I'd heard before about the concerns for New Horizons about Pluto having more moons and rings. What was new to me in this article, and particularly interesting, was that there are specific identified candidates for further moons, not just a general sense that there could be more moons.
steorra: Jupiter's moon Europa (europa)
[personal profile] steorra
Extreme Ballooning -- on Titan

On efforts to develop a hot air balloon for a mission to Titan; this has an advantage over a lander that a balloon can move around and give you a view of a variety of different places. A major challenge for developing a balloon for Titan is that it's so very cold.
steorra: Jupiter's moon Europa (europa)
[personal profile] steorra
Three press releases today:
Number one: ESA finds that Venus has an ozone layer too. It was already known that Mars as well as Earth has an ozone layer. They found Venus's by analyzing the spectra of stars seen through the very outer edge of Venus's atmosphere.

Number two: The Secrets of Asteroid Minerva and its Two Moons. Moons let scientists figure out Minerva's mass. They figured out its diameter from a combination of watching it occult a star, and infrared measurements, both of which pointed to a diameter of about 156 km. This lets them calculate its density - about 1.9 grams per cubic centimeter; based on the density of what they think it's made of, that indicates that it must have about 30% empty space in its interior.

Number three: Series of bumps sent Uranus into its sideways spin. This is about a new hypothesis, not a new discovery. The previous standard account for Uranus being tilted on its side was that a single large impact had changed its orientation. The problem with that explanation has always been that it didn't explain why its moons orbit it in similarly tilted orbits. New computer simulation results show that this can be explained if Uranus was hit before the moons formed, while it was still surrounded by a protoplanetary disc out of which the moons later formed, and if it was tilted by two or more impacts, rather than by a single one.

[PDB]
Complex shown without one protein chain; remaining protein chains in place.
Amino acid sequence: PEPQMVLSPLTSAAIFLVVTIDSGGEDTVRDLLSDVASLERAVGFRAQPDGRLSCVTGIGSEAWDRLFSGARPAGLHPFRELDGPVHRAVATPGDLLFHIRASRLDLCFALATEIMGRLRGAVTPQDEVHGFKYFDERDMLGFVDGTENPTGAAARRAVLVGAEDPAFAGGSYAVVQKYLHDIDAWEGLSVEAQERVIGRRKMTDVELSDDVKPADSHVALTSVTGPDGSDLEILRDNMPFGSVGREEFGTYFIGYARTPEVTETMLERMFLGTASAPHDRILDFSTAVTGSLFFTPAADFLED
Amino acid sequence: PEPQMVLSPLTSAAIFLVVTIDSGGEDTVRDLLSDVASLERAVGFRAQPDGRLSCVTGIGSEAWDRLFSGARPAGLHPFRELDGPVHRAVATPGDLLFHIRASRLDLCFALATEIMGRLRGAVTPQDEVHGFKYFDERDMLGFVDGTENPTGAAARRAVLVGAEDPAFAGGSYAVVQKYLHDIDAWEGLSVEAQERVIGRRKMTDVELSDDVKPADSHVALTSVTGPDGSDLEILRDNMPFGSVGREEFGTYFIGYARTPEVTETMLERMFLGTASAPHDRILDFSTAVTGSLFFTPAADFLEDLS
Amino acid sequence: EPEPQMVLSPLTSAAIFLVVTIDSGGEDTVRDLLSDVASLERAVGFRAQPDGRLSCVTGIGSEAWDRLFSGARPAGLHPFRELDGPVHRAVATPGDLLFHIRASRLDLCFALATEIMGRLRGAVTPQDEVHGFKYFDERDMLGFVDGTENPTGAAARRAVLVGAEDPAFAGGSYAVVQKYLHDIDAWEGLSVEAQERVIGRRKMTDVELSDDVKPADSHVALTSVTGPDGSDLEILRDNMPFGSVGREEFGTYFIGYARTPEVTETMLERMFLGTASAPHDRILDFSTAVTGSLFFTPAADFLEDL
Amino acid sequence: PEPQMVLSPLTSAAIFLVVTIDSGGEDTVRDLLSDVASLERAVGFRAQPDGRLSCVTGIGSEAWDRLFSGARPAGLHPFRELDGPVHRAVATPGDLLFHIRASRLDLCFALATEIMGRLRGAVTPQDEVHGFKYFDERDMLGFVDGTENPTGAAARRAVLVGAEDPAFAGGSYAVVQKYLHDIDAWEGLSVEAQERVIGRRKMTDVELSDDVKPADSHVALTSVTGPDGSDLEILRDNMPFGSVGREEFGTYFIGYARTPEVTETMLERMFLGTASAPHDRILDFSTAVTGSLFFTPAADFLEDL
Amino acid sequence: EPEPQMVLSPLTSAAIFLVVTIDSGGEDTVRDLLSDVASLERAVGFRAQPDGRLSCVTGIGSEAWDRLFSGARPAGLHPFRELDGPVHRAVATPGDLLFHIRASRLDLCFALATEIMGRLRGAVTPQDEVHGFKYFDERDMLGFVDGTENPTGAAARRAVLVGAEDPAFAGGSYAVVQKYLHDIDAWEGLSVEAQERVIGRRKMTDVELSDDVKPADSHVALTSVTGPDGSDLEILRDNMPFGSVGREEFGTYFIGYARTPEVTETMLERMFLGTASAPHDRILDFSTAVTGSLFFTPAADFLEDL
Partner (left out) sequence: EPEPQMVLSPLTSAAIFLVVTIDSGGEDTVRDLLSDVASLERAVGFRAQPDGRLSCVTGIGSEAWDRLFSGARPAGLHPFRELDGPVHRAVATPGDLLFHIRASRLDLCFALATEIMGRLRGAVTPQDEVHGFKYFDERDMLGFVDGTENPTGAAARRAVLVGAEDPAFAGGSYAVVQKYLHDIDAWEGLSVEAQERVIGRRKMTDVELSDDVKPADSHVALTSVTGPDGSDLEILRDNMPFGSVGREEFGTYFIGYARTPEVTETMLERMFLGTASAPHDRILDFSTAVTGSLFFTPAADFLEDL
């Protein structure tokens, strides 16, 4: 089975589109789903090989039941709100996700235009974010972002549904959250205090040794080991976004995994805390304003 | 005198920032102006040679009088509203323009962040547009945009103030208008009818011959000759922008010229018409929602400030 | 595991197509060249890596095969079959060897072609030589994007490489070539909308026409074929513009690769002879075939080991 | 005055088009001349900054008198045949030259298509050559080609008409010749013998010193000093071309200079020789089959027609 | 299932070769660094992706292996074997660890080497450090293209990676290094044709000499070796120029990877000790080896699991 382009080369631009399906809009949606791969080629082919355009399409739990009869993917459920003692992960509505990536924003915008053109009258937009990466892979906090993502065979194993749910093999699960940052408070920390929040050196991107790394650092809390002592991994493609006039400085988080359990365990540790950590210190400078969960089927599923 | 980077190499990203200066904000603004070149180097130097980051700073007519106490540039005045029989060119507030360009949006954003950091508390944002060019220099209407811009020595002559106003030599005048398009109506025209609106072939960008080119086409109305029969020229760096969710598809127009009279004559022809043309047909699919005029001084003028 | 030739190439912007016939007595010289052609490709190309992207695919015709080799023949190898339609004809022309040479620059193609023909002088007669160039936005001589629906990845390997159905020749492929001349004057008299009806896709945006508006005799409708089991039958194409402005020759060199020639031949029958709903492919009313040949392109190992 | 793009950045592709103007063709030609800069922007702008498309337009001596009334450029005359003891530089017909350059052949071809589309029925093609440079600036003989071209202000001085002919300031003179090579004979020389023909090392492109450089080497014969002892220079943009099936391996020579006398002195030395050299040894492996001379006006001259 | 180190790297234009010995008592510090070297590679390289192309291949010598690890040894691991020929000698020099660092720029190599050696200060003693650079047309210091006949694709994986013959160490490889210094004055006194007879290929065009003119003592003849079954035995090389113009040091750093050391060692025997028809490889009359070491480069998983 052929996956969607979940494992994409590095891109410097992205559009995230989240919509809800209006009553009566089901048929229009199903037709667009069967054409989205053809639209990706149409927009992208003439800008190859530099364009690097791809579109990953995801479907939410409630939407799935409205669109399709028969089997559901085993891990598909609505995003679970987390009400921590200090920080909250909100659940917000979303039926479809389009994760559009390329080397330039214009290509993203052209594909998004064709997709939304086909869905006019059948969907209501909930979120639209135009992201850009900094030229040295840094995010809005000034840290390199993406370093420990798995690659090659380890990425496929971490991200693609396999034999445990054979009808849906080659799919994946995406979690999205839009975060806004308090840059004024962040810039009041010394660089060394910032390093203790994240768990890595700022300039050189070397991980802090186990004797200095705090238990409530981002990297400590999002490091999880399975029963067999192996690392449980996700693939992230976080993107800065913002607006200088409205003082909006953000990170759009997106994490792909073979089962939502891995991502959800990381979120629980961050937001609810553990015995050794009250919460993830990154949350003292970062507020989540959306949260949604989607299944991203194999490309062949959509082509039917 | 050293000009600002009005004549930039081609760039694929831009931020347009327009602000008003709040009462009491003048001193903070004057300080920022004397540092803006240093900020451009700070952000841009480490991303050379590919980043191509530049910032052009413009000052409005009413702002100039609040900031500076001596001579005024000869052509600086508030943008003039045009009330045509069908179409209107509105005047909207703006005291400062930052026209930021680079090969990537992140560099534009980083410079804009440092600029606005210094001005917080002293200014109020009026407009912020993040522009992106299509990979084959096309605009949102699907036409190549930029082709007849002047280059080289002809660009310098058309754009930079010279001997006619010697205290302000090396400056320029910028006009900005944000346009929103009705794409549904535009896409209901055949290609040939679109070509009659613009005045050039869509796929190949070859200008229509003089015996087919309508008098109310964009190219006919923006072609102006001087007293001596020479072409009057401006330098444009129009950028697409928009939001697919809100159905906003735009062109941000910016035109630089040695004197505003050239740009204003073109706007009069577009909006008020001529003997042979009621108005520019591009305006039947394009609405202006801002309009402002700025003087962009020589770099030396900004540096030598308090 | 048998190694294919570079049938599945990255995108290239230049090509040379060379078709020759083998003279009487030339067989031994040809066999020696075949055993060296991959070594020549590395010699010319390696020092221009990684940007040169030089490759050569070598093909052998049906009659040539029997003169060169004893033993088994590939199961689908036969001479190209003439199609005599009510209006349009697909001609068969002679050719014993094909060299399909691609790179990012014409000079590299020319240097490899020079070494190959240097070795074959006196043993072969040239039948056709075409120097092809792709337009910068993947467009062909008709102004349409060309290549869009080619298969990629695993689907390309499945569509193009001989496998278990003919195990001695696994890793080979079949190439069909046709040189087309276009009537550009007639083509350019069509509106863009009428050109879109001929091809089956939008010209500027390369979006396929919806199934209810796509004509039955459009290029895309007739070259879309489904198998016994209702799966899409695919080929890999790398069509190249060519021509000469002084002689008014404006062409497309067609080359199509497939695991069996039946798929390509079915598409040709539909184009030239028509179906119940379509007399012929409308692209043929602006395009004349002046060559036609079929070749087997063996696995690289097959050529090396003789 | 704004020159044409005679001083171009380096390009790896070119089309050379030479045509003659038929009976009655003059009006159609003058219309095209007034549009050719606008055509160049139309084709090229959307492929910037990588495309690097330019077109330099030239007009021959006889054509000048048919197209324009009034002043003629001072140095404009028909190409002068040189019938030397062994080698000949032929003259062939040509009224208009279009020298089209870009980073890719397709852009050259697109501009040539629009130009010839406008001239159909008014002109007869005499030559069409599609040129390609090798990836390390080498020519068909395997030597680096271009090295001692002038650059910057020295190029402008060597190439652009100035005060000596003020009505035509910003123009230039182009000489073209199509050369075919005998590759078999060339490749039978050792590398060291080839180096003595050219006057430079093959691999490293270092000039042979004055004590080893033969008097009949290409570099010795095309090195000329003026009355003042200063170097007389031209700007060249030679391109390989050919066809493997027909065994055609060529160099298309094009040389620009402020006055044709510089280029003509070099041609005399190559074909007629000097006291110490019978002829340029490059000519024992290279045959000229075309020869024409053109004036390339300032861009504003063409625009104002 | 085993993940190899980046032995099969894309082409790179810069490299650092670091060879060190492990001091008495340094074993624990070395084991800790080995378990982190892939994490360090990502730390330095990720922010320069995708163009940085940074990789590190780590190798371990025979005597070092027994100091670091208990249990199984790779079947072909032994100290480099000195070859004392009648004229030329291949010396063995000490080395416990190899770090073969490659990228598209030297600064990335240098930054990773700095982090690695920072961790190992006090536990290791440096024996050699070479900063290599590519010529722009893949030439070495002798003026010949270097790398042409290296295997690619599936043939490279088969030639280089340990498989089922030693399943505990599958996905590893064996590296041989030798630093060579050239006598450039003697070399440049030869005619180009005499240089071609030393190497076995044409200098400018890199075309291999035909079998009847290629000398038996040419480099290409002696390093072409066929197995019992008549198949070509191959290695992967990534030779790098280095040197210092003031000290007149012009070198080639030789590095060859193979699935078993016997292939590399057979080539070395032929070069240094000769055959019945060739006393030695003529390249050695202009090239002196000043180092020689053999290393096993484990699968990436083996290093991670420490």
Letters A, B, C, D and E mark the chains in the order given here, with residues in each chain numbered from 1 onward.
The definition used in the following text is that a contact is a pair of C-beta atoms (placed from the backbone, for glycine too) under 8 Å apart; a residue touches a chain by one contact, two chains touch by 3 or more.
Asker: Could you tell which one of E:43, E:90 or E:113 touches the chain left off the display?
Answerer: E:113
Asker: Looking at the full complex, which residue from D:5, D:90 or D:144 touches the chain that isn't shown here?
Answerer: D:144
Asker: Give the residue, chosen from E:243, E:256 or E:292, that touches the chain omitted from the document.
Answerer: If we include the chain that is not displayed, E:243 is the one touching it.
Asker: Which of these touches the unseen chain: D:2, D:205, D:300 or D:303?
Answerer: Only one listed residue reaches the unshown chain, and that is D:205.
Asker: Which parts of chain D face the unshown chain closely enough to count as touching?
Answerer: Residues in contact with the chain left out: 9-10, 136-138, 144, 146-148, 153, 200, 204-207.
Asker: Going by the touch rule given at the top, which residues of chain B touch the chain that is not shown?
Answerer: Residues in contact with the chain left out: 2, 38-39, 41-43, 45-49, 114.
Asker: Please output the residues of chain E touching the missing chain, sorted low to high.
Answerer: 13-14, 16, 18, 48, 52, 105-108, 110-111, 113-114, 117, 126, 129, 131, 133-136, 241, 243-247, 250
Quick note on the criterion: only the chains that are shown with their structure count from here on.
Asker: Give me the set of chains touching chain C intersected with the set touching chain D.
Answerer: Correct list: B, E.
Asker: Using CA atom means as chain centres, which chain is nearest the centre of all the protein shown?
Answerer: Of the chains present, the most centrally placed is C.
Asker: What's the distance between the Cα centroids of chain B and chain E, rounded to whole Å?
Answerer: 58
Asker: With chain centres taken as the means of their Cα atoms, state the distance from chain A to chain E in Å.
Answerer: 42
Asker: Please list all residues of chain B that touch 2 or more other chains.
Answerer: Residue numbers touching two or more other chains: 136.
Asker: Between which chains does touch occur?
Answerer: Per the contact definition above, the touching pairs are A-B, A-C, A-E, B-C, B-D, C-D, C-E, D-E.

And what I got from Twitter. As before, don't put too much confidence in it; I could very well have misinterpreted things or expanded them wrongly.

I'm not sure how much of this is new, but: Venus has lightning, and like on Earth, some days have more lightning than others, depending on the weather. The lightning rate on Venus is probably comparable to that on earth, about 100 flashes a second worldwide, but that's hard to prove.

Venus's cloud tops are generally 72 km above the surface, except at the poles where they're only 65 km up.

Global climate models for Earth aren't working for trying to understand Venus, which indicates that they might not be working right for Earth either. To understand Earth's climate, we have to understand Venus too.

Saturn's moons